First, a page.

Like most of you reading this, I grew up in a traditional bowhunting household. As a kid, my dad would hang deer in the tree to cool as my friends and I would gather around to investigate. Every broken arrow of his would be long enough for me to reuse, and then eventually break again on rabbit and squirrel hunts. Our Christmas trees towered over neatly wrapped gifts filled with camo clothing, and so on. Now as an adult, my kids have grown up the same way. Today though; it seems that we live in a world of instant gratification, satisfaction and expectations. We all have choices to make, and we traditional bowhunters are a stubborn bunch.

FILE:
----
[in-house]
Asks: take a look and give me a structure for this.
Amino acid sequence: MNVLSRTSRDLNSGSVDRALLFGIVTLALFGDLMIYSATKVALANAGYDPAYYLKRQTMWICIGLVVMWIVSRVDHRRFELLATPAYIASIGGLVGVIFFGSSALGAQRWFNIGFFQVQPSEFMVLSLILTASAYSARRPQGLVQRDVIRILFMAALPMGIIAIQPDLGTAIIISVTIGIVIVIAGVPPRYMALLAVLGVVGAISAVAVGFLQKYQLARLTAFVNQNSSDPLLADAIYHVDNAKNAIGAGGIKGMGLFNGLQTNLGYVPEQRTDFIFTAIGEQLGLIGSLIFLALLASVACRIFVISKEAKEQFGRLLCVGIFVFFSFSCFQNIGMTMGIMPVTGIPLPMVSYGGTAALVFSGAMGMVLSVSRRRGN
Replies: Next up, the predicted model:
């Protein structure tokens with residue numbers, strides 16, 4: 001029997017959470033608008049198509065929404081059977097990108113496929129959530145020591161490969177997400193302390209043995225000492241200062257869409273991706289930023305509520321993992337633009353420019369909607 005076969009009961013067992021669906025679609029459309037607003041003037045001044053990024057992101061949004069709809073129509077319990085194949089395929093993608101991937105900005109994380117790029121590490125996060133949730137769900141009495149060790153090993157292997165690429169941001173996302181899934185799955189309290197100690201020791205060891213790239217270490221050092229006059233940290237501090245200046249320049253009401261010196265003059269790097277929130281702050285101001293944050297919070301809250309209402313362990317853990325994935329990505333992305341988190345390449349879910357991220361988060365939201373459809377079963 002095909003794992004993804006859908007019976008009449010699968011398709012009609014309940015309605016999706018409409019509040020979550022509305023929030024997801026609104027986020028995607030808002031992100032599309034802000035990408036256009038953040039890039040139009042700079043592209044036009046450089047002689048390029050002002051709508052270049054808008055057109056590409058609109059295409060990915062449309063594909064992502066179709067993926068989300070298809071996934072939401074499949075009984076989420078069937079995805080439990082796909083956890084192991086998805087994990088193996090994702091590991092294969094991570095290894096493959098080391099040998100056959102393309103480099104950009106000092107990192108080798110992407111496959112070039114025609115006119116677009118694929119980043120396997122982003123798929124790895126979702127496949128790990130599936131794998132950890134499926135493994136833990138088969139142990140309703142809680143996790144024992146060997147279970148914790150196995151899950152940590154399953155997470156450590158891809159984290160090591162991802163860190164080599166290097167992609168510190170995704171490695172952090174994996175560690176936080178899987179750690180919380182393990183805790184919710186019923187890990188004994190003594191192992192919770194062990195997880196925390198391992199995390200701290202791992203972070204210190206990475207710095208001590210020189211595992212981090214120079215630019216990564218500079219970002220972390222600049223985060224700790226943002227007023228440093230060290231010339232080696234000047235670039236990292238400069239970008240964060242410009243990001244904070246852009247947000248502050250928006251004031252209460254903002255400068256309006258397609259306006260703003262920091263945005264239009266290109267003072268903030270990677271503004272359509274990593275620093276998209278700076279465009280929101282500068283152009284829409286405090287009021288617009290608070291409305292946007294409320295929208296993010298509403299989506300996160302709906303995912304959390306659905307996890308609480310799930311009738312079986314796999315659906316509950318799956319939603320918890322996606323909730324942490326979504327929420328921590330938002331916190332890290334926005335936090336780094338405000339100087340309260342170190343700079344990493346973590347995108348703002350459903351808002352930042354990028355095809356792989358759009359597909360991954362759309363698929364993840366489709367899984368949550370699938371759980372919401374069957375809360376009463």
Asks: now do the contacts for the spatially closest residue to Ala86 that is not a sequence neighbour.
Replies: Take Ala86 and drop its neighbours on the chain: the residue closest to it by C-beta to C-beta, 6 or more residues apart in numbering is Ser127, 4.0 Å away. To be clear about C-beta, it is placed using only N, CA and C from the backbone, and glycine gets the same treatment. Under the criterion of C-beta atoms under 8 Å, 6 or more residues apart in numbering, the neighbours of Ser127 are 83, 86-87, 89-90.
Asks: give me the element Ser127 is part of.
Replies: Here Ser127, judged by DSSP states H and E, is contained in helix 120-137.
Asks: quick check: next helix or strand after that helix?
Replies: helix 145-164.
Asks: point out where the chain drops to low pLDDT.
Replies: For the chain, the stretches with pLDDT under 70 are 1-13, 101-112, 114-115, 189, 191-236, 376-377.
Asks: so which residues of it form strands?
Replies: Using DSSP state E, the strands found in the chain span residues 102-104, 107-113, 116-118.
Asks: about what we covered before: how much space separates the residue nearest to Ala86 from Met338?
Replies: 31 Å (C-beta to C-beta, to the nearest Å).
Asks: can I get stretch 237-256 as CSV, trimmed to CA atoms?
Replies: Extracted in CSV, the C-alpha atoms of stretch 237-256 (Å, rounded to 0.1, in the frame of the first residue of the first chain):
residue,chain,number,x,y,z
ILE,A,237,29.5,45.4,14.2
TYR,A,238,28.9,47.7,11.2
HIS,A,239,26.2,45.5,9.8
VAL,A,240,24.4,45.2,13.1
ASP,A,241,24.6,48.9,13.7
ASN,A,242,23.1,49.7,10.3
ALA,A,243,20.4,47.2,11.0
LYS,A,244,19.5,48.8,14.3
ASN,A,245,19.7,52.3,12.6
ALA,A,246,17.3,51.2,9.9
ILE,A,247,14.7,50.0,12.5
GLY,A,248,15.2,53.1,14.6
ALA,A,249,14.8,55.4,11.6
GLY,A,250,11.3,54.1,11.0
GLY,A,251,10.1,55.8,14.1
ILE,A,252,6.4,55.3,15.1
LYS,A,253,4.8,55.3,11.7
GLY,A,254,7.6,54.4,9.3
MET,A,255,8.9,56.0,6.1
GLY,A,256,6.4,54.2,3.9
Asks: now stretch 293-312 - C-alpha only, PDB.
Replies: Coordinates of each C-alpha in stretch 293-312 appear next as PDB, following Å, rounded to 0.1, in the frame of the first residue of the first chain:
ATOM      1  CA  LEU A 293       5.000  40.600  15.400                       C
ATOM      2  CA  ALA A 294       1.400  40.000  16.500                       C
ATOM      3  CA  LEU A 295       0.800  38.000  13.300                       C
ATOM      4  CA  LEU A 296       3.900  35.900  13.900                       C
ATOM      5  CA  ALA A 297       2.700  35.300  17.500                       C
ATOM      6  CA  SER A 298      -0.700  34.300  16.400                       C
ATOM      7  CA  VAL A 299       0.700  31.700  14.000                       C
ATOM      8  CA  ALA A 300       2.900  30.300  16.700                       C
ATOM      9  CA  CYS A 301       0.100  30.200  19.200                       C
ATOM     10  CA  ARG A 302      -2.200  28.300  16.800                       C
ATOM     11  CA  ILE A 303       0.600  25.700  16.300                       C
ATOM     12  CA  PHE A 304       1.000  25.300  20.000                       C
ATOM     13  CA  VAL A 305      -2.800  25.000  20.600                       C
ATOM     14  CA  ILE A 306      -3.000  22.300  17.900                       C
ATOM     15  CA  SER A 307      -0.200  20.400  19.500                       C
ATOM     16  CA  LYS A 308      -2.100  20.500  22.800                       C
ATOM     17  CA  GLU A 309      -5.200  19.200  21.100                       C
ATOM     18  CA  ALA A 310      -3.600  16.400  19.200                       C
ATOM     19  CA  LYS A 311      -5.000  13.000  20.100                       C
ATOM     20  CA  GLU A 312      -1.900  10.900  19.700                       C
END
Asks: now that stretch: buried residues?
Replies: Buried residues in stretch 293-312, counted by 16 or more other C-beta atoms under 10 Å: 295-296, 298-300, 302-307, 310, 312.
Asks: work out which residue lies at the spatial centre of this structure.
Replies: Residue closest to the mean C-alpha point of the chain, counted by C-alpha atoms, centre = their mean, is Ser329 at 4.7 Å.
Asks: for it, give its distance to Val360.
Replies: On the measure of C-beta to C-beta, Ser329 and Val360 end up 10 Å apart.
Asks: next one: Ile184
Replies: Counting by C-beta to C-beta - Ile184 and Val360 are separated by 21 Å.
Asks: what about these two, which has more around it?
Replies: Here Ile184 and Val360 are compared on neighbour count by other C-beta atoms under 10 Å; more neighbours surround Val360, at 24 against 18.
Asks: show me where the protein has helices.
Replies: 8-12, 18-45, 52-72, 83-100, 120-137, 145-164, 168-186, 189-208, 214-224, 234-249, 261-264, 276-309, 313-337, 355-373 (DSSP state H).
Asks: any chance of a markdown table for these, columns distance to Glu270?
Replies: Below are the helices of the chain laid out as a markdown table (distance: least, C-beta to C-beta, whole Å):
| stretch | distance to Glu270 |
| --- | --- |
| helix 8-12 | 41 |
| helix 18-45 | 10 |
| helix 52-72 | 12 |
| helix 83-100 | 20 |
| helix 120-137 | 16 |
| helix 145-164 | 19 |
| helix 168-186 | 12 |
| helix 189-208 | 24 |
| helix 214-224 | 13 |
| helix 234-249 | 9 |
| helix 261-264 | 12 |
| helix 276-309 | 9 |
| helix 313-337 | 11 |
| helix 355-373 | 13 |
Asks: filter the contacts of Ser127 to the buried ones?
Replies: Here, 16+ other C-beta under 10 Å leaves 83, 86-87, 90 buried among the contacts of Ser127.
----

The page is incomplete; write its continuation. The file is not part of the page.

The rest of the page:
My son Jake was going to be just old enough to hunt big game when antelope season started. I’m not sure which one of us was more excited. He earned his hunter education certificate in the spring of that year and tagged along on a turkey hunt. After the season, he went to school with stories of close calls and “what if’s” while his friends showed him pictures of beautiful birds taken with shotguns. At the local archery range during the summer, we would politely wait for compound shooters to shoot their round of arrows before we would walk up half their distance to shoot ours. Jake never wavered in his choice of hunting style, but he did ask questions about the other methods frequently. We all have choices to make, sometimes stubborn ones.